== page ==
The IUP Journal of English Studies
Interrogating the Self: Demythologizing the Discourse of Nirvana in Gita Mehta’s Karma Cola

Article Details
Pub. Date : Dec, 2018
Product Name : The IUP Journal of English Studies
Product Type : Article
Product Code : IJES51812
Author Name : Saumya Bera, Soumyajyoti Banerjee, and Rajni Singh
Availability : YES
Subject/Domain : English Studies
Download Format : PDF Format
No. of Pages : 16



This is a study of demythologization of the concept of Nirvana (self-actualization) as elucidated in Gita Mehta’s Karma Cola. The study is an attempt to decanonize, delegitimize, deconstruct, and destabilize the metanarrative of the “Self,” functioning within an Orientalist discourse that forms the crux of the ideation, dissemination, and preservation of mythic structures of the Oriental, especially spiritual, tradition. Existentialism is employed as an analytical tool to illustrate the insincerity of the thesis of enlightenment and the angst ensuing from disenchantment at the failure of the quest for mystical panacea within Eastern religious ethics.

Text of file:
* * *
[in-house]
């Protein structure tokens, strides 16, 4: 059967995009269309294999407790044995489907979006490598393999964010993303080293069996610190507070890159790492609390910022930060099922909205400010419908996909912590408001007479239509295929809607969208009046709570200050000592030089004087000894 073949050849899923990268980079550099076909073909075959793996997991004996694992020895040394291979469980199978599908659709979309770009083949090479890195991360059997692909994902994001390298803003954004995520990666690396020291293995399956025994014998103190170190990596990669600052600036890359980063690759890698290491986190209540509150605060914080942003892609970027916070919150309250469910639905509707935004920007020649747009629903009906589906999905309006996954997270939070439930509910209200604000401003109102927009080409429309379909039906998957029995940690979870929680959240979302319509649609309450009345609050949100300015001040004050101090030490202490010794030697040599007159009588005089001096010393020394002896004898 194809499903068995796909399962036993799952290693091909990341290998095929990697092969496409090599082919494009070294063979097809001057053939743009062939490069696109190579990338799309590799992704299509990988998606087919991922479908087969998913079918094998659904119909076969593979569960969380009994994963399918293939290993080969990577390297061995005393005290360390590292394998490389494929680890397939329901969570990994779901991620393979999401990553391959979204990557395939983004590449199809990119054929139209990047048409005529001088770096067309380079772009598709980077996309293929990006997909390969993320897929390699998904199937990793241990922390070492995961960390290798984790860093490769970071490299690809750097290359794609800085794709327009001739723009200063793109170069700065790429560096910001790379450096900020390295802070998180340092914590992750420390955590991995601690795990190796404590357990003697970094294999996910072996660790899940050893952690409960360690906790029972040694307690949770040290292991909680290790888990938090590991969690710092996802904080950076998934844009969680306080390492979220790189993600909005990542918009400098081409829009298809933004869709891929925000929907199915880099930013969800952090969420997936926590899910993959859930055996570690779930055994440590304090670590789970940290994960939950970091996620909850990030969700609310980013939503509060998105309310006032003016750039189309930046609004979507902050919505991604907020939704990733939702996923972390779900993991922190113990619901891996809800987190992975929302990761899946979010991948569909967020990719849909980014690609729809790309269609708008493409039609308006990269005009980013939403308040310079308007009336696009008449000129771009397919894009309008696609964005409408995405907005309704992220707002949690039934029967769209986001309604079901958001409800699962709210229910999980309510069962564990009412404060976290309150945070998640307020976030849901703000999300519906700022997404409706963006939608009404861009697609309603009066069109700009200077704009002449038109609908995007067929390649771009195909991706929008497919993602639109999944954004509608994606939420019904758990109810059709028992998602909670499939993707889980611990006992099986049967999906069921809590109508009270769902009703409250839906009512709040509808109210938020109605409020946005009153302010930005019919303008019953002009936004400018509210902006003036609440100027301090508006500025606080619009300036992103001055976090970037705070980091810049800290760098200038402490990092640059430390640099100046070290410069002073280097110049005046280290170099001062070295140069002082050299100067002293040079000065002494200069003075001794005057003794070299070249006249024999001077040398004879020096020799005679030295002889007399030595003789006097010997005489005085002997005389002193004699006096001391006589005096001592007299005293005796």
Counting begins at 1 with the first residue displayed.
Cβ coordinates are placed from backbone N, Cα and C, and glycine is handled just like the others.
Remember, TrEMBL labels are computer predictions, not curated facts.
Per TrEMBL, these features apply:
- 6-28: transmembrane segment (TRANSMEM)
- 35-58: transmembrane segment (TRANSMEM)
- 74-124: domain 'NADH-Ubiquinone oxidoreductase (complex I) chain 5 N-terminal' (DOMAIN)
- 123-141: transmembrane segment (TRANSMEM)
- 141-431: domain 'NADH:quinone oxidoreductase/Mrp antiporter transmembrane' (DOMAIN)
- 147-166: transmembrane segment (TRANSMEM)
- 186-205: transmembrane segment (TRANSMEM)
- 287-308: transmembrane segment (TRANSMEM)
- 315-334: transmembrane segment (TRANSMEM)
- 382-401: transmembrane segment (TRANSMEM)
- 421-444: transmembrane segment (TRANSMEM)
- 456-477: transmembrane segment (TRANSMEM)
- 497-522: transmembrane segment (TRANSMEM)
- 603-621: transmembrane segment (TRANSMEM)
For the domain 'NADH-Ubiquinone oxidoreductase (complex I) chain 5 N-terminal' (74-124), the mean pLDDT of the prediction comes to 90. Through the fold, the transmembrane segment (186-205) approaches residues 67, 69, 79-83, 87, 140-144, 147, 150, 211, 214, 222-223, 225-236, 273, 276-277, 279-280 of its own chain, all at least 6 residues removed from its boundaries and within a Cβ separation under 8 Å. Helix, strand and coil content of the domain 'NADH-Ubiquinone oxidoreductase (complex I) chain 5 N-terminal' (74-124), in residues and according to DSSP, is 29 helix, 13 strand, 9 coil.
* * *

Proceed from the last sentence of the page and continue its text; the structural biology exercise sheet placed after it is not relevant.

Rudolf Bultman, a German philosopher and critic, propounded the term “demythologization” as the means of recontextualizing myths for the contemporary world and ethos. Bultman’s (1954) primary focus was on reinventing the mythological structures in the New Testament and reinterpreting them for a world where supernaturalism tends to lose its luster. Bultman suggests that myths function by linguistic signification which veils the truth they intend to express. He contends that the importance of a myth lies in its manifestation of a human existence rather than something beyond it. Lévi-Strauss (1972, 109) points out, “Myth is not defined by the object of its message, but by the way in which it utters this message”; it is “depoliticized speech” (Lévi-Strauss 1972, 142). A myth is thus an artistic projection of the lived experience of a particular sociocultural group within a certain spacio-temporality. Coming under the influence of Heidegger, Bultman examines the practice of myths from an existential angle; he says, “Myth should not be interpreted cosmologically, but anthropologically, or better still existentially” (Bultman 1954, 10).


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